The resident executor at once proceeded to distribute the money received on this last bond. Eight of the legatees took their respective shares without objection, as did five of the six children of a deceased legatee. Soon afterwards the resident executor rendered his account, showing the disposition of the estate, the moneys received, the expenditures incurred, the debts discharged, and the payment of their respective shares to eight of the legatees, and to five children of another legatee. The account examined by a commissioner appointed by the court was approved, and his report confirmed. Thus the estate was closed except as to the payment of the shares to the three legatees residing in Indiana, and the payment of the sixth part of the share of another legatee to one of his children. It is not
necessary to inquire as to the disposition made of these unpaid legacies, for the suit is not to compel their payment. It is said that the interests of two of them and of one of the children of the deceased legatee were confiscated under proceedings of the Confederate government. If such were the case, it would not affect the validity of the payment of the last bond of Spears, nor of the settlement by the court of the resident executor's account previously rendered.
This settlement remained unquestioned from the confirmation of the commissioner's report on November 14, 1864, until January 25, 1879, more than fourteen years before this suit was instituted. Its object is to charge Glasgow, as executor of Spears, with the second and third installments of the purchase money of the land and compel him as executor to pay the same, with interest, to David H. Lipse, the surviving executor of Moses Lipse, the resident executor having departed this life, and to cancel and set aside the deed conveying the land, executed by the latter to Glasgow, as above stated; and if the installments should not be paid by Glasgow, to have the land sold, and the proceeds applied to their payment, the complaint alleging that those installments never were paid, that Confederate notes were given in pretended payment and were received under compulsion, with sundry charges of deceit and fraud on the part of Glasgow to carry out a scheme to obtain possession of the property without discharging the just claim of the estate thereon. None of these charges of deceit, fraud, and compulsion is sustained by any evidence. On the contrary, the conduct of the resident executor and Glasgow is shown to have been that of honorable and just men. No deceit was practiced nor any undue advantage taken by either of them.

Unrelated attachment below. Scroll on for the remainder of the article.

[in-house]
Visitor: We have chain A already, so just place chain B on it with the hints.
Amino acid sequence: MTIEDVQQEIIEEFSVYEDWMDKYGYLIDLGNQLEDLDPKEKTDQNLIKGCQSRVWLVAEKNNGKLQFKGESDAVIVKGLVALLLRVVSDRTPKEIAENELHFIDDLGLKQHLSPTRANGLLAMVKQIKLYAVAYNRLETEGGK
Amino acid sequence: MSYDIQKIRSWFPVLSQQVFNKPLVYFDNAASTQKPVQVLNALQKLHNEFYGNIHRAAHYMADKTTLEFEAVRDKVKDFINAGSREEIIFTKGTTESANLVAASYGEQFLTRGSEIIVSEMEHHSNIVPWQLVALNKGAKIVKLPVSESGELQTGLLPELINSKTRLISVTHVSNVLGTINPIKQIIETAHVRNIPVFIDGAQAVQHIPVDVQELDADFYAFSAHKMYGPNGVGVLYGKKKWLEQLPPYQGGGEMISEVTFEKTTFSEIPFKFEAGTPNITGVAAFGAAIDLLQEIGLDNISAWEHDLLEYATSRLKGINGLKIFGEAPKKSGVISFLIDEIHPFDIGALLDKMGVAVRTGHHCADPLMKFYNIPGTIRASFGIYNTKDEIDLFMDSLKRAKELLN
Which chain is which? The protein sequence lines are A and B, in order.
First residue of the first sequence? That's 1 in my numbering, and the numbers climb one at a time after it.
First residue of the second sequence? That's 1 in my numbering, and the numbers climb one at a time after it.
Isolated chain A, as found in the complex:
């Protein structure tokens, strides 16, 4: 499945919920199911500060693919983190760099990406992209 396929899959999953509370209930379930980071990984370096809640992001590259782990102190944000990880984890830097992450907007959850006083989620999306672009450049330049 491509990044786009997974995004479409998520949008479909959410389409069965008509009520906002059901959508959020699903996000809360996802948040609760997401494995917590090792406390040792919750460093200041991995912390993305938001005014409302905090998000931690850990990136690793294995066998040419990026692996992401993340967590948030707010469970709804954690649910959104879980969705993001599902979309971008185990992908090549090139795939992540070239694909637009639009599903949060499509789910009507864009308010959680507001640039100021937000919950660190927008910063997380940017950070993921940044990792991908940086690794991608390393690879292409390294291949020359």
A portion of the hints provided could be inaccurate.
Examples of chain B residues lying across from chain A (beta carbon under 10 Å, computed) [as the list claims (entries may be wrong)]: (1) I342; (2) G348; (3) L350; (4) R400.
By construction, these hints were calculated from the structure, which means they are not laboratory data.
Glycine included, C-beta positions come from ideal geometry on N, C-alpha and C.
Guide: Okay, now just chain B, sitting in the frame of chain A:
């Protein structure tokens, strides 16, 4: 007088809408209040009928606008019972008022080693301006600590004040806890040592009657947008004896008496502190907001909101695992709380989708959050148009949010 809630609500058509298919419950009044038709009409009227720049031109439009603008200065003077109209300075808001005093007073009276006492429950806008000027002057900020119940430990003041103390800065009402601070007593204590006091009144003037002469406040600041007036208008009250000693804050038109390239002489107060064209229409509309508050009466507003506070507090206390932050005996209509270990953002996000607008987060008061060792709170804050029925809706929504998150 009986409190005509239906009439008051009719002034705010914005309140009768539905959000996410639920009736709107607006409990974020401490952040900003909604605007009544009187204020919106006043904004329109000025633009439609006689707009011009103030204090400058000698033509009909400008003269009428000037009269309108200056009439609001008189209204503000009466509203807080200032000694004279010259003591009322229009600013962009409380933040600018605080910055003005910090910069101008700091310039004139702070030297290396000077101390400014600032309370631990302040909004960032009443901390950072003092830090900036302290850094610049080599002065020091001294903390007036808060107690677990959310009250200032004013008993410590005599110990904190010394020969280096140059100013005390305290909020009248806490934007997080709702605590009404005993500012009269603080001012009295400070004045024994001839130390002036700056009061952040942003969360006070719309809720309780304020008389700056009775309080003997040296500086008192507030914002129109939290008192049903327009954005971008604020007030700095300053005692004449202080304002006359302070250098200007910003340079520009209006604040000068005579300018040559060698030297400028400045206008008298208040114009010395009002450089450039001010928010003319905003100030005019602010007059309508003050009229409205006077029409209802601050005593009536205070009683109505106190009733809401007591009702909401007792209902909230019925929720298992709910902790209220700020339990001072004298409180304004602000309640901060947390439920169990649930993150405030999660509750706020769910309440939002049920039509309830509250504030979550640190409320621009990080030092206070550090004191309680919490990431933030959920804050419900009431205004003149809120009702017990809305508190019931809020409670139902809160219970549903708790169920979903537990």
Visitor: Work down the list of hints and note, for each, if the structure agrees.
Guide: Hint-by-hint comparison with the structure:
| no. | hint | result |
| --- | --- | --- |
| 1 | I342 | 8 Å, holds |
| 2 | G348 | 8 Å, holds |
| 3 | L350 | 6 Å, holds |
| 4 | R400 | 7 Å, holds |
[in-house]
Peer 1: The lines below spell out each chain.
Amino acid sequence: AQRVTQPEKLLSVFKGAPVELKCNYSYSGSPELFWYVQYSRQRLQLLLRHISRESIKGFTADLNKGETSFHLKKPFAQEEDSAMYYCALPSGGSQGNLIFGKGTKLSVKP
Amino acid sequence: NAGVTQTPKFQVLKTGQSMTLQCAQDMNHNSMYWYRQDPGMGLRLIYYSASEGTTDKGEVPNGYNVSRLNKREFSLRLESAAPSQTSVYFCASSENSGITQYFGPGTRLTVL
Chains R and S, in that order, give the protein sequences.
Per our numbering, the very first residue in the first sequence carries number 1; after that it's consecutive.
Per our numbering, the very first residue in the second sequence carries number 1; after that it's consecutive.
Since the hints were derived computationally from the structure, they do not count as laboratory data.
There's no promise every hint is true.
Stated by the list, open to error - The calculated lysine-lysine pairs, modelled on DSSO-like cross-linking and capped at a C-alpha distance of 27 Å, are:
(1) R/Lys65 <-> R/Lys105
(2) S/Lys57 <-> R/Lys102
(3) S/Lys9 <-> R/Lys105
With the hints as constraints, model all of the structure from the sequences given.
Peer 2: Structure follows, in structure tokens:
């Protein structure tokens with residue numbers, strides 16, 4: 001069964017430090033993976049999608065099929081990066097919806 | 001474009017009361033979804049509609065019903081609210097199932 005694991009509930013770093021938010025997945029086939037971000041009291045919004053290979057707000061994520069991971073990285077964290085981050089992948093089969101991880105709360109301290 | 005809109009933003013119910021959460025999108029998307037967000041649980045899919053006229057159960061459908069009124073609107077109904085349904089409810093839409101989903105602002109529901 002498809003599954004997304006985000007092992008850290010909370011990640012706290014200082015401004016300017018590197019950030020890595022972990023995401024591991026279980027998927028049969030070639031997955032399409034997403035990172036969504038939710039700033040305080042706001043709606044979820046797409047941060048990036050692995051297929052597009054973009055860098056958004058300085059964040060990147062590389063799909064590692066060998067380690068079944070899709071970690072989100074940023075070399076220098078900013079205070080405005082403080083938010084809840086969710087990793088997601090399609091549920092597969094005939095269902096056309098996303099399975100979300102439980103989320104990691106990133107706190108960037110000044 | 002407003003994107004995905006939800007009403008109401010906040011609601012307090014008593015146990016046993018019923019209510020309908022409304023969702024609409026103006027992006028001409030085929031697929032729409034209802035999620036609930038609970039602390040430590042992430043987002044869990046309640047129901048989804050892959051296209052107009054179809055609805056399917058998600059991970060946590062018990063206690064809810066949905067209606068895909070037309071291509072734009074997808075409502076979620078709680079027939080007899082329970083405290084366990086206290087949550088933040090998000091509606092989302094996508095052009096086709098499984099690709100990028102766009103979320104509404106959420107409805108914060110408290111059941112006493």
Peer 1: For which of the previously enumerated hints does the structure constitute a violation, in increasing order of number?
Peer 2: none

It is undoubtedly true that an executor is chargeable with the utmost good faith in dealing with the estate entrusted to him. He cannot wantonly neglect the property, or squander it by useless expenditures, or suffer it to go to waste, without incurring personal liability for the consequent depreciation. Nor can he call in good investments when the money is not needed, nor accept the payment of debts for less than their face when the full amount can be recovered without unnecessary delay
and expense; nor in depreciated currency when better currency can be had, unless it can be advantageously used in meeting expenses, discharging debts, paying legacies, and the like. In all such cases, he would be chargeable with a devastavit. He may also take payment of a debt, when not secured, in the best money he can get, when its safety requires its collection. Under these limitations, he must do what, under the circumstances and situation, prudent men, managing their own estates, would do, and, when doubting, seek the authority and direction of the proper court. With respect to transactions during the late war, he could not, under any circumstances, invest in Confederate securities property or lawful money already in his hands. Horn v. Lockhart, 17 Wall. 573; Lamar v. Micou, 112 U. S. 452 , 112 U. S. 476 .